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Researchers are constantly looking for new antibodies that show effectiveness against severe acute respiratory syndrome coronavirus 2 (SARS-CoV-2), as they have multiple applications in testing, research, and therapeutics. Researchers from the Biological Defence Programme of Singapore have investigated six of these antibodies.

Study: The cellular characterisation of SARS-CoV-2 spike protein in virus-infected cells using Receptor Binding Domain-binding specific human monoclonal antibodies. Image Credit: Dotted Yeti/Shutterstock

A preprint version of the study is available on the bioRxiv* server while the article undergoes peer review.

The study

The researchers used three strains of SARS-CoV-2 isolated from Singapore in the early days of the pandemic. These are SARS-CoV-2/1302, colchicine medicine side effects SARS-CoV-2/0536, and SARS-CoV-2/0334, referred to in the future as 1302, 0536, and 0334, respectively.

Following isolation, the complete spike protein sequence for each strain was analyzed. The data revealed that all three sequences had a high level of homology compared to the spike protein sequence of the WIV04 strain, the wild-type strain found in Wuhan, China. These isolates showed more differences in the primary amino acid sequences with each subsequent passage. 0334 and 0563 were identical, and both showed a five amino acid deletion just upstream of the furin cleavage site. This was not observed in 1302, which instead showed a single amino acid change within the cleavage site. The remaining spike protein sequences in all strains were identical to wild-type – including the sequences of the receptor-binding domain (RBD).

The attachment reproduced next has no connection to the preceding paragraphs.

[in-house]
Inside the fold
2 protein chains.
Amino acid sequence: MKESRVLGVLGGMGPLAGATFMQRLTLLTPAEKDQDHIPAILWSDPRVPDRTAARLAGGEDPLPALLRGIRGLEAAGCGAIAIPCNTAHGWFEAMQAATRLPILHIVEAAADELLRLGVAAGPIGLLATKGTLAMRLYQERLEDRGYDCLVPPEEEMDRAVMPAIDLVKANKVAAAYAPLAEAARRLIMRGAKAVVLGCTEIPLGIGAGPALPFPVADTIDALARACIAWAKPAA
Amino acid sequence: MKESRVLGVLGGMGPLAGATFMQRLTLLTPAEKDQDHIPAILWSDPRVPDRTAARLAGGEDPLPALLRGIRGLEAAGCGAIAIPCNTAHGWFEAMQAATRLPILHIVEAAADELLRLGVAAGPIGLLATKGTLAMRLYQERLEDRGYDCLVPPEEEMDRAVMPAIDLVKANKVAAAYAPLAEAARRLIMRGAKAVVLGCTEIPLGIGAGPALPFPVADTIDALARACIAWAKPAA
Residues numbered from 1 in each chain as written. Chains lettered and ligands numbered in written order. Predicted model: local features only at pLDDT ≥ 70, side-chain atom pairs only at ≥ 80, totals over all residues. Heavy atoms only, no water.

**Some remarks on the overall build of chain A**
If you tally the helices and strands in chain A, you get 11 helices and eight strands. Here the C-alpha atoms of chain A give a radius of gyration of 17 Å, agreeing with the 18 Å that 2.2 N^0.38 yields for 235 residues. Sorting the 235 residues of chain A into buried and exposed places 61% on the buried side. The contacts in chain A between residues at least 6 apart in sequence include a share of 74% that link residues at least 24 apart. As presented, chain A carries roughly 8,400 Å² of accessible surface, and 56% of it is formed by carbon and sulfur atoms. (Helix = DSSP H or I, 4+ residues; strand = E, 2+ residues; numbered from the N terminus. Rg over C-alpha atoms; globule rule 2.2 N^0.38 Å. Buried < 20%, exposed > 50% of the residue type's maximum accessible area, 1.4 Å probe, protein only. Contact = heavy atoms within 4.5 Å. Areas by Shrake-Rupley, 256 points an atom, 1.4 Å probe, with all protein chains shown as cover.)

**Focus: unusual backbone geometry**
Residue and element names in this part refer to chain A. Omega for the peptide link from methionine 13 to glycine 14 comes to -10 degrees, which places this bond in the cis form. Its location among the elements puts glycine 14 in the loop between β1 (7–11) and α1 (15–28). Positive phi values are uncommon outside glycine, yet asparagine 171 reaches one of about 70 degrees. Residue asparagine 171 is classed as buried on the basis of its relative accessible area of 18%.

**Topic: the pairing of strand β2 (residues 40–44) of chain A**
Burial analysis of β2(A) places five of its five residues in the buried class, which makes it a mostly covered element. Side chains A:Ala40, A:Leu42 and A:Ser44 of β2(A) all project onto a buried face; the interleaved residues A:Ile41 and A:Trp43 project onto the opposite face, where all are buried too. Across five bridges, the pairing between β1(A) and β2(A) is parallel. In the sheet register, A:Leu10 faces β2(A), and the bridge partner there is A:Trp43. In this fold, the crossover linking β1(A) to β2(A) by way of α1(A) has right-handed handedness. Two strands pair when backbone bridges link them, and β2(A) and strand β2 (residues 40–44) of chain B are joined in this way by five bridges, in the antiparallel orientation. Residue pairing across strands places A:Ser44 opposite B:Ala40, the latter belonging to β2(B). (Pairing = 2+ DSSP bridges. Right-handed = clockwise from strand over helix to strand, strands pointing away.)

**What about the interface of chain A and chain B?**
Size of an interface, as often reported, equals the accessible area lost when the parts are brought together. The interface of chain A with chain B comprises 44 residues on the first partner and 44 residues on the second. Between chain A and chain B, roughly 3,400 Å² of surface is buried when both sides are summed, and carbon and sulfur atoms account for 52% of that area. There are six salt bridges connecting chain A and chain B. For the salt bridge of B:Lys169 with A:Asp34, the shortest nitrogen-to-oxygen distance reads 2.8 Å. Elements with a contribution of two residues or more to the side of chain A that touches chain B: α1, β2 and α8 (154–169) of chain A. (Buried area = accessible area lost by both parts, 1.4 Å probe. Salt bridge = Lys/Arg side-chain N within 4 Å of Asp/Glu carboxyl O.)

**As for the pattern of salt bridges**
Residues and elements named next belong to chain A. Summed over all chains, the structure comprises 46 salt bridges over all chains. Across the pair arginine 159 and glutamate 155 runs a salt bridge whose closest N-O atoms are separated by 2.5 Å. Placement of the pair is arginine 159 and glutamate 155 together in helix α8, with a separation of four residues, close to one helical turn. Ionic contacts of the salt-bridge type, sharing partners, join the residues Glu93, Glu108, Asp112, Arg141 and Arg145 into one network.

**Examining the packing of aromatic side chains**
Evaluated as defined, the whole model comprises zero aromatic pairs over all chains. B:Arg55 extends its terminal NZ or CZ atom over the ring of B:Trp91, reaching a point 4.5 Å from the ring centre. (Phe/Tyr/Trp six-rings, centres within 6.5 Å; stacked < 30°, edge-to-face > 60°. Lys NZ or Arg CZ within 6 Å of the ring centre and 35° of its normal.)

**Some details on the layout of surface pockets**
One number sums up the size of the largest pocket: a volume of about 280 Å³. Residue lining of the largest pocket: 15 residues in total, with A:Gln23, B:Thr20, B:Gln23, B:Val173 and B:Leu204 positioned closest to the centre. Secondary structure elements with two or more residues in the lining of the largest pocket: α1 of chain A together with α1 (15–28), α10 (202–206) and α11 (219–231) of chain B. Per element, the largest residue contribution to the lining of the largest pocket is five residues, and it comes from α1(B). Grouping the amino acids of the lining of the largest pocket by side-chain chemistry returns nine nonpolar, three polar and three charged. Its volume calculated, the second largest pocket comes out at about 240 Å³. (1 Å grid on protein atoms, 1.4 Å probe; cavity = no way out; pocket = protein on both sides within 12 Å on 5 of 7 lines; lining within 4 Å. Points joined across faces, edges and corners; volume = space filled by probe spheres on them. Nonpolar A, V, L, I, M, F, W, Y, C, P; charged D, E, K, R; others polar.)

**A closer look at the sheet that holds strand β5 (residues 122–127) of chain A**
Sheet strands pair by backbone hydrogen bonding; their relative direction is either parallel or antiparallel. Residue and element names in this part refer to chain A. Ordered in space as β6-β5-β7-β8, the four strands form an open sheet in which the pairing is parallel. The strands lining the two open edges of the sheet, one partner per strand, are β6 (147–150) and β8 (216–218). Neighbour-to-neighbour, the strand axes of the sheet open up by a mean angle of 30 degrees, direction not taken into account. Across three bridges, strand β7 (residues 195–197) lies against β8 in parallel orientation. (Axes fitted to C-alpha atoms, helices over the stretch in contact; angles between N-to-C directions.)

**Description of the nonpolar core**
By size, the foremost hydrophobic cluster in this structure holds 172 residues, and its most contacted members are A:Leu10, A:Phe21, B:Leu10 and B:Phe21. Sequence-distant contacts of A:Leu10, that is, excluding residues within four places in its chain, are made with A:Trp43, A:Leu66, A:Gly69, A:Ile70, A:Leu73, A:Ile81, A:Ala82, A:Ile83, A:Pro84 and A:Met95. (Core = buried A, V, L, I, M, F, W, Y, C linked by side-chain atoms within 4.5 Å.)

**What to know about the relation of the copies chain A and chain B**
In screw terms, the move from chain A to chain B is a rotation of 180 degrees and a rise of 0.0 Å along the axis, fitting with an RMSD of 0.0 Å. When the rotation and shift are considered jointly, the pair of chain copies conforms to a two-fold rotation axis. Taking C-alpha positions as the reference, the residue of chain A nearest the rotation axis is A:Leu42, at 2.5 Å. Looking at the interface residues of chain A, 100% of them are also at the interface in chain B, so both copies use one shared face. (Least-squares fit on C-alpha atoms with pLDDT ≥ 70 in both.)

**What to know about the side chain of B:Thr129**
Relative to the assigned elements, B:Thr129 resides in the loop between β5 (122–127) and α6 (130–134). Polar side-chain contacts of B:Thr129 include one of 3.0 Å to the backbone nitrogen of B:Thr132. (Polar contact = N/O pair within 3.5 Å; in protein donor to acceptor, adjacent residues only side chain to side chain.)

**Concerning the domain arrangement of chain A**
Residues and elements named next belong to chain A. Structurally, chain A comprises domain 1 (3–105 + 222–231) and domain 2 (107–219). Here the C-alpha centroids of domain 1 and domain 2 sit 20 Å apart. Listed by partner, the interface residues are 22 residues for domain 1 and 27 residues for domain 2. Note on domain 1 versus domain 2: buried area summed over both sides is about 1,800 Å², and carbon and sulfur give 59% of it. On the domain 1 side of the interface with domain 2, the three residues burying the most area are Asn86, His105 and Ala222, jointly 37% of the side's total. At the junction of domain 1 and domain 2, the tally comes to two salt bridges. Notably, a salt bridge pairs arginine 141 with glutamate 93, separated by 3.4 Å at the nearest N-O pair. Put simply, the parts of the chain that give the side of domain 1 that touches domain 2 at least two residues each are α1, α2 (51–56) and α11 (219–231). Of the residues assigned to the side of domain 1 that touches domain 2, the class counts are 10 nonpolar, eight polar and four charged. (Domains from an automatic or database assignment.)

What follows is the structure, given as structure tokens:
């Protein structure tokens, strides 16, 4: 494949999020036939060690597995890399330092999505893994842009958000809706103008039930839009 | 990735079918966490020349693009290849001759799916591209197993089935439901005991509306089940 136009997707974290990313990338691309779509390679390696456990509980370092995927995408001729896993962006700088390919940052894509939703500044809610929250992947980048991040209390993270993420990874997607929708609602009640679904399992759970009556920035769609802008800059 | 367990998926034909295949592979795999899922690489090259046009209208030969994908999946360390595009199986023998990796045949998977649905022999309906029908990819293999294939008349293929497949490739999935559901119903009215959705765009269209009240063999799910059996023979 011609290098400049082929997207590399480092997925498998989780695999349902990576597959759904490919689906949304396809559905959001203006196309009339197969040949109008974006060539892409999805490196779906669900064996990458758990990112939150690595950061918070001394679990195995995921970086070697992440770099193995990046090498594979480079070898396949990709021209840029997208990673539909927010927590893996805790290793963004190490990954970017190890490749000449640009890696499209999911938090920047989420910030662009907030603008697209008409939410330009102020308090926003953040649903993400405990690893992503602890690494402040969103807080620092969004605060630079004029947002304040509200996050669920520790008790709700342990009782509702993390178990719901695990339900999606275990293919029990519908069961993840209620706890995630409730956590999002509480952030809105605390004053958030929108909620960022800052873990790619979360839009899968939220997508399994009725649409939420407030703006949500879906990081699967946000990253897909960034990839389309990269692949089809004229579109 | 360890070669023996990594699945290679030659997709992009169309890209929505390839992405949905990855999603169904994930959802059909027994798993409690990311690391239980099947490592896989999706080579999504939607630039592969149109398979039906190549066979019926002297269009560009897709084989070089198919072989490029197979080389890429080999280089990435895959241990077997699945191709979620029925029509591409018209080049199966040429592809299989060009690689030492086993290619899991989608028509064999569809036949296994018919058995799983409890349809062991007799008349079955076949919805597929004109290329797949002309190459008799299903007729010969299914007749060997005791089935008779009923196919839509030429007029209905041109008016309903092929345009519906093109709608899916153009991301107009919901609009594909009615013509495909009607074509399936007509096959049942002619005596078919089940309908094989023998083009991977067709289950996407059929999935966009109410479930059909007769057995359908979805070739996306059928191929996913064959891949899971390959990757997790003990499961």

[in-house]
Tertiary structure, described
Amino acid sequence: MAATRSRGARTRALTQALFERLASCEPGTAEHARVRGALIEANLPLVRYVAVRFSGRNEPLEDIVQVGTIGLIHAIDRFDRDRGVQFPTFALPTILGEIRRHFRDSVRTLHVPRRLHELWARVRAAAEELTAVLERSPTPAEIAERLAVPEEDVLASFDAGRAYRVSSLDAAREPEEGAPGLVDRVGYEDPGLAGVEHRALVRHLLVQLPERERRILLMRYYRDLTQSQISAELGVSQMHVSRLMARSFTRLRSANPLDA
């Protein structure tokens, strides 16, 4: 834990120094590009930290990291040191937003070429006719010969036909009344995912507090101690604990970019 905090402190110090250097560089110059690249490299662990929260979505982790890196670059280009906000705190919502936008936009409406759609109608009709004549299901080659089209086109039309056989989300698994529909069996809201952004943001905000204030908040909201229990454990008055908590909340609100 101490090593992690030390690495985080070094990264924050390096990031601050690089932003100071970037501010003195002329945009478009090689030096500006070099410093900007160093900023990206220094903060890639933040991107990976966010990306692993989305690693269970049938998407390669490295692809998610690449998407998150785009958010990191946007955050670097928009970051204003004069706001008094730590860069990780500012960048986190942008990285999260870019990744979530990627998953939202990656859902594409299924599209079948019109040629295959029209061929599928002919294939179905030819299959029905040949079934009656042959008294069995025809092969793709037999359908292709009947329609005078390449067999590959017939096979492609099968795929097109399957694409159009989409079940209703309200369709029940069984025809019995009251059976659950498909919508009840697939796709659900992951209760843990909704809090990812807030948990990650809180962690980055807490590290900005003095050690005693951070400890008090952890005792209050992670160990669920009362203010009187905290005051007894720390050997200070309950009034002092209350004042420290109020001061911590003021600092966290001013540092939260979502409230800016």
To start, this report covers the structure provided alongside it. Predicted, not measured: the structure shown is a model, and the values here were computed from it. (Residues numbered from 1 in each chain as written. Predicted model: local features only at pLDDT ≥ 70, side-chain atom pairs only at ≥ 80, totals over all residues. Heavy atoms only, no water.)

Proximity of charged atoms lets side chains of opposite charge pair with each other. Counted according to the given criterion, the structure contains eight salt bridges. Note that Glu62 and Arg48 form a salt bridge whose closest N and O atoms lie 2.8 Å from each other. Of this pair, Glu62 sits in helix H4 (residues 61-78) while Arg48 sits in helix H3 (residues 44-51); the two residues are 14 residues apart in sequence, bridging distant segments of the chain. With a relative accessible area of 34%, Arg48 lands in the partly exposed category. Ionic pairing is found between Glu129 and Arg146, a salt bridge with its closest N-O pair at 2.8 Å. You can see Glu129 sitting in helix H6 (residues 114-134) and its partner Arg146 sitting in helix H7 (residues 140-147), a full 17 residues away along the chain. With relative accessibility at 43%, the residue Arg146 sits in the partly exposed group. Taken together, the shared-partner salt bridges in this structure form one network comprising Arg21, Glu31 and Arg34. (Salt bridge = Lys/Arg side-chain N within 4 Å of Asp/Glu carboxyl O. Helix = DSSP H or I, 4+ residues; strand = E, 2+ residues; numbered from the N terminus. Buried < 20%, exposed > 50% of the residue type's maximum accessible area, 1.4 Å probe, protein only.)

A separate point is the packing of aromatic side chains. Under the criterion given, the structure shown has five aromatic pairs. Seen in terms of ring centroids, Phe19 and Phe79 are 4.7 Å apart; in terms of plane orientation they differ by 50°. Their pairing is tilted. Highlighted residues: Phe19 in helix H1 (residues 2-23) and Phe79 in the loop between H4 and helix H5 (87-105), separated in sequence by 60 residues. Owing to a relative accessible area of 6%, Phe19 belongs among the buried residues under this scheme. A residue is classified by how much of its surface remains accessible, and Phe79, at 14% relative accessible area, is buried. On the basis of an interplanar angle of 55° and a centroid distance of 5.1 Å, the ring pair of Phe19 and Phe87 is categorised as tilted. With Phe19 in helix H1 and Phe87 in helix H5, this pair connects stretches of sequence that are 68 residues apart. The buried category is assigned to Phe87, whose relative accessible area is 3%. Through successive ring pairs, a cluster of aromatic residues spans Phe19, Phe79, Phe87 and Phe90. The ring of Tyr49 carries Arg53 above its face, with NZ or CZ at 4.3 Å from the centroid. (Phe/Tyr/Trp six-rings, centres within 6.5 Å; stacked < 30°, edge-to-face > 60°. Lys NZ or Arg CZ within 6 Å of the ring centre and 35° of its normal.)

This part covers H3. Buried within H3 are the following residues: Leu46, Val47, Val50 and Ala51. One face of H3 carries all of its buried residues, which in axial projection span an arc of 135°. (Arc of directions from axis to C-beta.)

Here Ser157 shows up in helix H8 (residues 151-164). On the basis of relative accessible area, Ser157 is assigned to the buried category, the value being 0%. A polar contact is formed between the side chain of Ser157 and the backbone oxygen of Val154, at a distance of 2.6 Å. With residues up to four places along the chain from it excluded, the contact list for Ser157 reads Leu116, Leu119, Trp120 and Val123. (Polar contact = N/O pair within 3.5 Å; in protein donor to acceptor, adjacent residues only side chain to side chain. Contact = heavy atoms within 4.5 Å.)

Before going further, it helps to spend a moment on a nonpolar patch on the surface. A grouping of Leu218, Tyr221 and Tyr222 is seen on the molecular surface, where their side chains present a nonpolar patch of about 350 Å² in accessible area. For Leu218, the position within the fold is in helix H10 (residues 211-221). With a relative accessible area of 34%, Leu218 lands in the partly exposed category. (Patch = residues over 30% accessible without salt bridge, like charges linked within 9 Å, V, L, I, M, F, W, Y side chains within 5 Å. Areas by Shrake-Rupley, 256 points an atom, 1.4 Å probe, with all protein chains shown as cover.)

The researchers chose to move forward with analyzing 1302 and 0334. They selected five antibodies, PD4, PD5, PD7, SC23, and SC29, and attempted to detect the binding of the antibodies to the spike protein using Western blotting. Unfortunately, this failed, and the scientists moved on to using ELISA assays to confirm recognition of the spike protein. PD5, PD7, and SC23 all showed the ability to bind the RBD.

The researchers predict that the Western blot processing altered the conformation of the spike protein, preventing antibody binding. They argue that this is evidence towards the idea that RBD-binding antibodies require specific spike protein conformations. This view is supported by previous studies showing that when the proportions of the conformation of the spike protein are altered, the intensity of the immune response is also altered.

The SC23 showed the lowest binding affinity for the RBD, potentially indicating that it can only recognize a distinct sequence within the RBD or requires sequences outside to facilitate binding. Both PD4 and SC29 showed no RBD binding, suggesting their recognition sequences lie elsewhere. ELISA-based competition assays showed that the PD4 and SC29 antibodies could not bind to the spike protein simultaneously, indicating that the binding sequences are very similar or overlapping. None of the other antibodies interfere with the binding of these two antibodies, but PD5, PD7, and SC23 all showed mutually exclusive binding – once again suggesting that they share similar binding sequences. Only PD5, PD7, and SC23 showed any neutralization activity when virus neutralization assays were performed.